Dr. Firas Jassem Moussa – Researcher
The pedagogical and educational reality in public education in Iraq faces many challenges and problems in the various pedagogical and educational components – according to studies, research, and local and international reports -. Most notably: the lack of school buildings, the need for the content of the curricula for continuous review, the poor preparation of educational and teaching bodies, the outdated teaching methods, as well as the need to review pedagogical and educational legislation, and other problems and challenges.
About school buildings, this problem increases annually, with the continuation of the construction movement, but in a manner that is not commensurate with the actual need, and the increase in population ratios means an increase in the number of students entering schools until the number of buildings needed by the Ministry of Education reached 9,000 buildings.
Teaching methods are still traditional; with the tremendous development in technology, the digital revolution, education strategies, knowledge expansion, and scientific transformations, many of our schools still adopt the method of memorization, indoctrination, and retrieval of information when requested, in addition to another aspect represented in adherence to the prevailing patterns in lessons, exams, etc.
Concerning the curricula, which is one of the trinity of the educational process, along with the student and the teacher, it needs continuous review according to a rigorous scientific system. We find that our educational institutions so far rely to a large extent on the old concept of the curriculum, which is interpreted as the content of the textbook only, at a time when the modern concept has become based on the adoption of other elements of the curriculum, namely objectives, teaching methods, activities, and evaluation methods in addition to the content of the book. The current curricula also need to keep pace with the market need.
As for the preparation of educational and teaching bodies, what is noticeable is their need to adopt the rules of preparing the twenty-first-century teacher by adopting modern technologies, admission requirements, faculties’ pedagogical systems, experiences … etc.; As the teacher’s preparation currently does not accommodate all of these conditions.
As for what is related to pedagogical and educational legislation, it has been observed that it is obsolete and needs no less revision after it has become obsolete. Some were issued in the 1970s, with the acceleration of changes in the education sector and the change and development of educational means and systems, and some of them homogenize a previous political, social, and economic system with the change of the comprehensive system politically, socially, and economically, and the development of man himself.
As for what is related to pedagogical and educational legislation, it has been observed that it is obsolete and needs no less revision after it has become obsolete. Some of them were issued in the seventies of the last century with the acceleration of changes in the education sector and the change and development of educational means and systems, and some of them homogenize the previous political, social and economic system, despite the change of the comprehensive system politically, socially, economically, and human development. As is well known, legislation is generated to meet the needs of society.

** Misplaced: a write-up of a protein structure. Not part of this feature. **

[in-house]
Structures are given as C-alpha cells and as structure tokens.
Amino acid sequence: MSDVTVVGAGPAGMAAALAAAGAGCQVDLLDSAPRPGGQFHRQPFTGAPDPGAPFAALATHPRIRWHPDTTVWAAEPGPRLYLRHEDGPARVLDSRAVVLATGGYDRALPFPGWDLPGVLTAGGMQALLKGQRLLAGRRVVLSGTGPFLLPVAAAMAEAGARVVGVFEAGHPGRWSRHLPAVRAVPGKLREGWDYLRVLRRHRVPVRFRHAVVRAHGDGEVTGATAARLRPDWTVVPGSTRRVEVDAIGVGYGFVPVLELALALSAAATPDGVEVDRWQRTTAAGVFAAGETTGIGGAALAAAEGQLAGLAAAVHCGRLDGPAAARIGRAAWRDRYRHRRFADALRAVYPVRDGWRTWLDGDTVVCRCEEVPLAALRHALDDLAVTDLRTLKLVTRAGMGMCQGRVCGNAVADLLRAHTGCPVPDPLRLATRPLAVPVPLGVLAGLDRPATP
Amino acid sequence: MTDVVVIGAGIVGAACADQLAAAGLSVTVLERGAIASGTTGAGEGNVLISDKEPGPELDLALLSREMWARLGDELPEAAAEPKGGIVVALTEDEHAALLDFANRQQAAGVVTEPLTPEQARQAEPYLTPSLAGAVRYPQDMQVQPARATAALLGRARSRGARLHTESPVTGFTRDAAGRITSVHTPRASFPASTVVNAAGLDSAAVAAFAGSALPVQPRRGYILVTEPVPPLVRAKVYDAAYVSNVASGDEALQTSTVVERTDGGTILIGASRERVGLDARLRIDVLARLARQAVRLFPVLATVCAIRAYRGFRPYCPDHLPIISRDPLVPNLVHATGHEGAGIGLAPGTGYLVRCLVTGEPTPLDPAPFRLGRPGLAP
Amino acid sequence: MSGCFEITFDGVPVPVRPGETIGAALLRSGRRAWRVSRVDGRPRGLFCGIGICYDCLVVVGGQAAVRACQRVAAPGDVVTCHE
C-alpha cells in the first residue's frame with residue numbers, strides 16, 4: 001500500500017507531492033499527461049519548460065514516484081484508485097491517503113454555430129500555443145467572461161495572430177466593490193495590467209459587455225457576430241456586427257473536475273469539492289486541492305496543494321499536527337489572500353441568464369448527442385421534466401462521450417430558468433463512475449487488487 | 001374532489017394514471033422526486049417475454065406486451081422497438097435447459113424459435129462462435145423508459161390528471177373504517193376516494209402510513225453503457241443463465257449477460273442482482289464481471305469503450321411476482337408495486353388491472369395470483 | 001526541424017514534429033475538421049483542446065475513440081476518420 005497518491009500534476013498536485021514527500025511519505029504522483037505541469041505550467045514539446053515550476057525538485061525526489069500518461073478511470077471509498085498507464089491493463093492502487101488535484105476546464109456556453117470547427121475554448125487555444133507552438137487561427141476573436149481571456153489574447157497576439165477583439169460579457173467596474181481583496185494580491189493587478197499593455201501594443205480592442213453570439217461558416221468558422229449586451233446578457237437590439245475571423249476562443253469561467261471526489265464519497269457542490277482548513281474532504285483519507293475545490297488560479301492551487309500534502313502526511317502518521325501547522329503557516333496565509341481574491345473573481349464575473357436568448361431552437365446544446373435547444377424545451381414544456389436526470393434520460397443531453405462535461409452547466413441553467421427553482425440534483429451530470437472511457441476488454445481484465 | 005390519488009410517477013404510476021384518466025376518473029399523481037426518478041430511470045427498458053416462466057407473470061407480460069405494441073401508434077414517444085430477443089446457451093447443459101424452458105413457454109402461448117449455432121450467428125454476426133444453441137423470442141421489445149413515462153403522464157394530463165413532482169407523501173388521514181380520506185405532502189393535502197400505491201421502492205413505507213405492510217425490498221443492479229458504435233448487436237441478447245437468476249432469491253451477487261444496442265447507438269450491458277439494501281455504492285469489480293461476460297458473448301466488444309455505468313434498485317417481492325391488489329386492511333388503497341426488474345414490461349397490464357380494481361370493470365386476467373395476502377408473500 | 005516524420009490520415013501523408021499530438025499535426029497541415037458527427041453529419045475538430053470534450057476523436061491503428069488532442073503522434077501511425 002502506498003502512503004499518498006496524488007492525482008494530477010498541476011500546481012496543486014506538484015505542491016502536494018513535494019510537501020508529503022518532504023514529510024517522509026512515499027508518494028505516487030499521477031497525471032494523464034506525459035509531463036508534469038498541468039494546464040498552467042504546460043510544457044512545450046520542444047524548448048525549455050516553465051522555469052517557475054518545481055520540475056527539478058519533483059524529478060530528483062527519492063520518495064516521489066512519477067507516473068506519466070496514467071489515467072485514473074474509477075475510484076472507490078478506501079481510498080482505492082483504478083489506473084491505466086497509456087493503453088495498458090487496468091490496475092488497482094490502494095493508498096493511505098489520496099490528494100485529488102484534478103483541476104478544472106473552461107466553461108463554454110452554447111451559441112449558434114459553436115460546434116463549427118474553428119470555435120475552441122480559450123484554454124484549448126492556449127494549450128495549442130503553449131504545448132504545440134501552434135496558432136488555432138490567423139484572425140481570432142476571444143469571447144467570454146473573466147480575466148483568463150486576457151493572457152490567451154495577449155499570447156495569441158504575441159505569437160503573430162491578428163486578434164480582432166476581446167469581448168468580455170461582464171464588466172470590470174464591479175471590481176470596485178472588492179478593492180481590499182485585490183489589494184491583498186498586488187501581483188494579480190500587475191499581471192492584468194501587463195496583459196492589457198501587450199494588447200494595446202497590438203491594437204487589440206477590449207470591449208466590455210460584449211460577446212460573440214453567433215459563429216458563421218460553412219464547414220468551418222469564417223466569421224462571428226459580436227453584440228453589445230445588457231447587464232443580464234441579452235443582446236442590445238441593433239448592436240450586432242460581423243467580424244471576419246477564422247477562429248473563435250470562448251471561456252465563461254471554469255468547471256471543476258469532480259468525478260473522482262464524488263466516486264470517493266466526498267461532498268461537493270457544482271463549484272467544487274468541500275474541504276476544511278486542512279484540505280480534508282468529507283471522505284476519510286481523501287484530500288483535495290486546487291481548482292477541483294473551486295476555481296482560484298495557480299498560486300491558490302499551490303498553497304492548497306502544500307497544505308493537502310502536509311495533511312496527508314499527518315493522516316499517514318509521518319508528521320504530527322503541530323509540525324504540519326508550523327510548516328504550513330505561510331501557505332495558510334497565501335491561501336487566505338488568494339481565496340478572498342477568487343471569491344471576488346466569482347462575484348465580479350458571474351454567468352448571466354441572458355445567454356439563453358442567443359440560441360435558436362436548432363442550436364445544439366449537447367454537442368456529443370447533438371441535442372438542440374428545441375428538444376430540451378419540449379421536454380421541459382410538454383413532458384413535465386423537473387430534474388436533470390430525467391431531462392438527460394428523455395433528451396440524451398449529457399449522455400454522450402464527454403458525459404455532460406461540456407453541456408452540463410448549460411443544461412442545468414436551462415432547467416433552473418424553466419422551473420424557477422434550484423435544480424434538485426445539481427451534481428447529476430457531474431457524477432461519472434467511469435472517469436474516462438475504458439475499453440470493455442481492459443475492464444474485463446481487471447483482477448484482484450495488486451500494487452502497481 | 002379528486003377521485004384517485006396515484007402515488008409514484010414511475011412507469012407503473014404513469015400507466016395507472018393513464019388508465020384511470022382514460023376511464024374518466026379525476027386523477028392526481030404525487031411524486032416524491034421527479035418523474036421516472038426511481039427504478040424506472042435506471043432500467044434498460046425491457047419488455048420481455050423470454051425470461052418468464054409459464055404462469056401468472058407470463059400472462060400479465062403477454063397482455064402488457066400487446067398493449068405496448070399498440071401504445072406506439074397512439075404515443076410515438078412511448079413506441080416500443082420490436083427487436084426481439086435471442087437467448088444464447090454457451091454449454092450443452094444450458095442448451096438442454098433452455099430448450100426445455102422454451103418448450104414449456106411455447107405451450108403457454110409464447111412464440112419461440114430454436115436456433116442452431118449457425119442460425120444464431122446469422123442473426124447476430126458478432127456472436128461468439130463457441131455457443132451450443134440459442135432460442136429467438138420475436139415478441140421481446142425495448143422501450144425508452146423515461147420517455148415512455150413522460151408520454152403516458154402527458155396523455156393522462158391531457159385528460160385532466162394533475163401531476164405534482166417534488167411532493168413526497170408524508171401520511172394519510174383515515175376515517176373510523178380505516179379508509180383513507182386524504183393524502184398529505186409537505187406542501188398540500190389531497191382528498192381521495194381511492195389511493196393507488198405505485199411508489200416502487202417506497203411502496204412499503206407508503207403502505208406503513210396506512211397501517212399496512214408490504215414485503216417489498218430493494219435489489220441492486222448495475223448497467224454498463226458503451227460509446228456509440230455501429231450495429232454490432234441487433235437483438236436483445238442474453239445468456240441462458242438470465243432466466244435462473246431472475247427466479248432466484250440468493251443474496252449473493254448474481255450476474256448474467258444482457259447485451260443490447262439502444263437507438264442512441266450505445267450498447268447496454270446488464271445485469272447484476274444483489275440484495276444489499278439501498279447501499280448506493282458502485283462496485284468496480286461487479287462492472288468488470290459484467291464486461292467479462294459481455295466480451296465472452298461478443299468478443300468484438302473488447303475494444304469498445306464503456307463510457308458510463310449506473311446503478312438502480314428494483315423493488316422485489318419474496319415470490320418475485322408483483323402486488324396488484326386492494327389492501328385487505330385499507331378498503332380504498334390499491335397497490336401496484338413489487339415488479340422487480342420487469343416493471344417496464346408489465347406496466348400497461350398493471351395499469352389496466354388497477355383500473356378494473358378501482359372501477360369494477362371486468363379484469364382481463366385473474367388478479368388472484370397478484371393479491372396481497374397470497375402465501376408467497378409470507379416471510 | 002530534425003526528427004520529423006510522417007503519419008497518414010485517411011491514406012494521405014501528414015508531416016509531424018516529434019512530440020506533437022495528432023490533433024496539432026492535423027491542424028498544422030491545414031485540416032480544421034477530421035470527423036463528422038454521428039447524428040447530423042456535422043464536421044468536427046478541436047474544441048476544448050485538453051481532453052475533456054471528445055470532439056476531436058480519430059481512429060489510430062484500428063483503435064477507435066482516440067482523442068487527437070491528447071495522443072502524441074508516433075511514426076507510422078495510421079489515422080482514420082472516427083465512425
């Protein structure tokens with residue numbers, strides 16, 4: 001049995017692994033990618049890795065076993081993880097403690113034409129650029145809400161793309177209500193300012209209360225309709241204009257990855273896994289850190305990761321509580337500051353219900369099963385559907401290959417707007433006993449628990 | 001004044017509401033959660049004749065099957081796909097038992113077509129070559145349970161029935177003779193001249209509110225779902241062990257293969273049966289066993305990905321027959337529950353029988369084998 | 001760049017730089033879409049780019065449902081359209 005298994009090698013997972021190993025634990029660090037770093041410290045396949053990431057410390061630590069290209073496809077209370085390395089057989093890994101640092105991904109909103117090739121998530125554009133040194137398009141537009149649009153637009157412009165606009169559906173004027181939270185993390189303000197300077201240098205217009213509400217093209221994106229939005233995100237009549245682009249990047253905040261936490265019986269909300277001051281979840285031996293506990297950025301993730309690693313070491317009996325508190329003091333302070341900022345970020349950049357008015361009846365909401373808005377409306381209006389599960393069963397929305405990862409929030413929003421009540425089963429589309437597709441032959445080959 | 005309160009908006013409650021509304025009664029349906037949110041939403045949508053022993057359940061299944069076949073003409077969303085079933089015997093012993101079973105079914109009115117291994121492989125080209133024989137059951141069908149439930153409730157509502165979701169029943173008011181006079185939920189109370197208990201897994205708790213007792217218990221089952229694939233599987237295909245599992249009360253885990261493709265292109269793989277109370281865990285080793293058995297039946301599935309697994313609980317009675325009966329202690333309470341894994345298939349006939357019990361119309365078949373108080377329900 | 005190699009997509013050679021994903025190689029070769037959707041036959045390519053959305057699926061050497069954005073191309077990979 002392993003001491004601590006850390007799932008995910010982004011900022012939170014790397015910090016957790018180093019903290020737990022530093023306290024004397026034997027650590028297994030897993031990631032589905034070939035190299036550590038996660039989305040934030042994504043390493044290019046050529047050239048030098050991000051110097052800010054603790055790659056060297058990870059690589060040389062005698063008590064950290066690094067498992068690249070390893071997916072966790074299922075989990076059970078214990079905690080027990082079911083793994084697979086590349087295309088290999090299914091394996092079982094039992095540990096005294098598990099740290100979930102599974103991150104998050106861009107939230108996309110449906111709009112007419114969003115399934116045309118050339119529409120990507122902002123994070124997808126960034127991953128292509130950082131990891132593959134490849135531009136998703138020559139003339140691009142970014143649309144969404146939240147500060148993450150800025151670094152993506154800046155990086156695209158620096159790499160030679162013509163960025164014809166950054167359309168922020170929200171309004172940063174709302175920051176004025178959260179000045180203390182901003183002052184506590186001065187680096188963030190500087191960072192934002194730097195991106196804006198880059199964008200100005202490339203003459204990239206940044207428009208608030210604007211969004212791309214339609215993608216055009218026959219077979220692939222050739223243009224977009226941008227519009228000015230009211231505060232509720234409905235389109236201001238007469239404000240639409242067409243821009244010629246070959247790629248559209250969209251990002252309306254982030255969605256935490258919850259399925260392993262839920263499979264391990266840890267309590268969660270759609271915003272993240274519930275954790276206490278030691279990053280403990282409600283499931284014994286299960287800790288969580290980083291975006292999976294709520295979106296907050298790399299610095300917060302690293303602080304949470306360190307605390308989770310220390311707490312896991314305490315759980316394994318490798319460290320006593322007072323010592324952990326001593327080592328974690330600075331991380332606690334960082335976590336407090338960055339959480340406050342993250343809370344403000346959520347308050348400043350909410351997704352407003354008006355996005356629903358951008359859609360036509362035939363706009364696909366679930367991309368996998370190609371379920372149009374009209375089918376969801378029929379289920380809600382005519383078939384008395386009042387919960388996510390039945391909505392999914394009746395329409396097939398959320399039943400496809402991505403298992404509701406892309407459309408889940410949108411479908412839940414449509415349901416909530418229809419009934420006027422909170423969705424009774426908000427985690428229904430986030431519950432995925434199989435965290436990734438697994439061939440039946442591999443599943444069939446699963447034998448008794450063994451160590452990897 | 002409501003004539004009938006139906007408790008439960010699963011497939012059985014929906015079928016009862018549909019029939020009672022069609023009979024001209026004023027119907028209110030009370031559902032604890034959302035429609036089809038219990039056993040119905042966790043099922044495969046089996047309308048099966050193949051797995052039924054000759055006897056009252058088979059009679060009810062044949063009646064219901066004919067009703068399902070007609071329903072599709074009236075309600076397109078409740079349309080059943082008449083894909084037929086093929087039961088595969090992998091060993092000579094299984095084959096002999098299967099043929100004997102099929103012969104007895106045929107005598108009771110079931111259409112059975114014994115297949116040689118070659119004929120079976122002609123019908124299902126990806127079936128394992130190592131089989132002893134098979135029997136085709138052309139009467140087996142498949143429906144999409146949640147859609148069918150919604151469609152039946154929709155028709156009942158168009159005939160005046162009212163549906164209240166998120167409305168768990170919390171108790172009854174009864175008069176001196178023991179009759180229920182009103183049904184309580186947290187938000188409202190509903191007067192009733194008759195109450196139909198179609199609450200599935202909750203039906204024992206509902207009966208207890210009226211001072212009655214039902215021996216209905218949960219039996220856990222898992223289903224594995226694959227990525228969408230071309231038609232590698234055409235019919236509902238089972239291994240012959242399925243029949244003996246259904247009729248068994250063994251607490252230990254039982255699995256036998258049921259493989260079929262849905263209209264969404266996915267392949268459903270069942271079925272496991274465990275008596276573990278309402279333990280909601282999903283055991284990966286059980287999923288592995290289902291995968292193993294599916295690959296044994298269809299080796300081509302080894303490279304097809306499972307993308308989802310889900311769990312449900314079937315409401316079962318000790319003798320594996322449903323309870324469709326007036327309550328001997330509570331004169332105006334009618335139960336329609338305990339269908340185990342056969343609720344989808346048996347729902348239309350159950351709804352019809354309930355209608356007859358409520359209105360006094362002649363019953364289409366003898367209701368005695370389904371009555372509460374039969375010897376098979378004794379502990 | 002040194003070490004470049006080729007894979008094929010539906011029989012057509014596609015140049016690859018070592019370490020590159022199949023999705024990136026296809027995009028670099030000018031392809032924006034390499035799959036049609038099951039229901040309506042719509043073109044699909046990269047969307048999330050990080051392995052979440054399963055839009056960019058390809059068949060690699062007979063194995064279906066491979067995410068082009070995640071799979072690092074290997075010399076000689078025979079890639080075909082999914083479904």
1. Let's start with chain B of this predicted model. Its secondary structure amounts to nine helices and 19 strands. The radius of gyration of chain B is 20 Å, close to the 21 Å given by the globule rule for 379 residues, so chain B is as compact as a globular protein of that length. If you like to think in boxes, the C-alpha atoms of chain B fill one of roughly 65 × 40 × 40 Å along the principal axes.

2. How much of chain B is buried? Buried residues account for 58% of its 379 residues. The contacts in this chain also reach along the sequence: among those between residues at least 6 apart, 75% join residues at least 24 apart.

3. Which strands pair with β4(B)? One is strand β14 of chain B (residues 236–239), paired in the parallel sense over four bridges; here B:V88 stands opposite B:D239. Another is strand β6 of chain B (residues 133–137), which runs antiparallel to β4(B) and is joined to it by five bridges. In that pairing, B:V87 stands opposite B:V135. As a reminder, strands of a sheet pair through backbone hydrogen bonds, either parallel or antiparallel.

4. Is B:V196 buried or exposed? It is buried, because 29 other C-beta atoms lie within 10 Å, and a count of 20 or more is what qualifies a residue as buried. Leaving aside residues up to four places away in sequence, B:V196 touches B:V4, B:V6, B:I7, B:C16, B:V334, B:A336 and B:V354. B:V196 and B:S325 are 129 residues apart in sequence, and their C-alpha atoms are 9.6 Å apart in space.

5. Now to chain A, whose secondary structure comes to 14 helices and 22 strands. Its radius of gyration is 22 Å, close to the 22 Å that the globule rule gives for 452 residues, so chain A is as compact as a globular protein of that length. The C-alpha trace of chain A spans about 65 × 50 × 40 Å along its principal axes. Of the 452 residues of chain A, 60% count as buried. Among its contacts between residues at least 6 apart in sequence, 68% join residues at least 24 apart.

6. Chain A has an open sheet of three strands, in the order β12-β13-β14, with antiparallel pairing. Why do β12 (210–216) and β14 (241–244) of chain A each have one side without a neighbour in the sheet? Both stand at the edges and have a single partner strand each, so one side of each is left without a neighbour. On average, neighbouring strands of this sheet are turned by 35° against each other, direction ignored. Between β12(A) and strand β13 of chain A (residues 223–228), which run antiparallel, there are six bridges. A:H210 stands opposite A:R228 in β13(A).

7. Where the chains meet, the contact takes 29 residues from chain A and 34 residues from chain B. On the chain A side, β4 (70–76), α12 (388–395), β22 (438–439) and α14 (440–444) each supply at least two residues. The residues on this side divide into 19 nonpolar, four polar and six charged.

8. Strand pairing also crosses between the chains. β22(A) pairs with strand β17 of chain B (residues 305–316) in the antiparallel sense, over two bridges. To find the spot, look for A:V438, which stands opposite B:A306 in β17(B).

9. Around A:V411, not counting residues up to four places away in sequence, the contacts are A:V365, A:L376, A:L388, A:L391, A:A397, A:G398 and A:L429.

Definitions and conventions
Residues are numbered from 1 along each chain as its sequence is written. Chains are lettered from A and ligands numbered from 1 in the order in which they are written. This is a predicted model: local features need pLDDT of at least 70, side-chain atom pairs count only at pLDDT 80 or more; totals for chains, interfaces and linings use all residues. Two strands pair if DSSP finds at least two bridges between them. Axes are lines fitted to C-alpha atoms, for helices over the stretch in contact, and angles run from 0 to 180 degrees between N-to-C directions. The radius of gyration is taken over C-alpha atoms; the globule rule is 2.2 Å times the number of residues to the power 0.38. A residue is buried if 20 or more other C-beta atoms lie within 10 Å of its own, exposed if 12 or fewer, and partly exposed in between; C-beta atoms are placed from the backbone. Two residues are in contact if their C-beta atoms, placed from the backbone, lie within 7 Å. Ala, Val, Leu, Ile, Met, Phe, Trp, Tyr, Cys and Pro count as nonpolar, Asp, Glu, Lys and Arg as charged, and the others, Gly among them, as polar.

For all of the above, we seek in this paper to address the problem of education by answering the following question: What are the policies needed to improve the pedagogical and educational reality in Iraq in light of these challenges?
By policies in this paper, we mean All plans, legislation, and procedures for improving the pedagogical and educational reality in Iraq. To answer this question, the paper should be divided into two main axes: The first axis deals with the legislative field. The second axis deals with the pedagogical-educational field, which includes presenting the most prominent challenges that surround the educational process in these two areas, to reach the available options to meet these challenges.
First: the legislative field
The Iraqi constitution in force in its provisions guarantees the right of children to receive pedagogy and education. Education is considered a basic factor for the progress of society, a right guaranteed by the state, as well as compulsory in the primary stage, combating illiteracy, and making free education a right for all Iraqis in its various stages, in addition to the existence of dozens of legislations that regulate the provisions and conditions of the educational process. Among the most recent of these legislations were the Ministry of Education Law No. 22 of 2011 and its amendments, the Literacy Law No. 23 of 2011, the End-of-Service Bonus Law for retirees before half the year, and the cancellation of dozens of decisions of the Revolutionary Command Council on educational affairs that were exceptional and unfair. As well as granting the powers assigned to the directorates of general education in each governorate to the provincial councils in a democratic and decentralizing step in the administration, and to facilitate and expedite the procedures of the general directorates. As well as the achievements included in these and other legislations, which were pushed by the Iraqi parliament in cooperation with various competent authorities. Such as disbursing financial allocations amounting to 150,000 dinars cut off per month for educators, raising the appeasement of job grades for administrators working in the Ministry of Education, and many activities such as holding conferences, seminars, meetings, and supervisory procedures with various control tools, but with what was mentioned, the ministry faces legislative needs with two dimensions: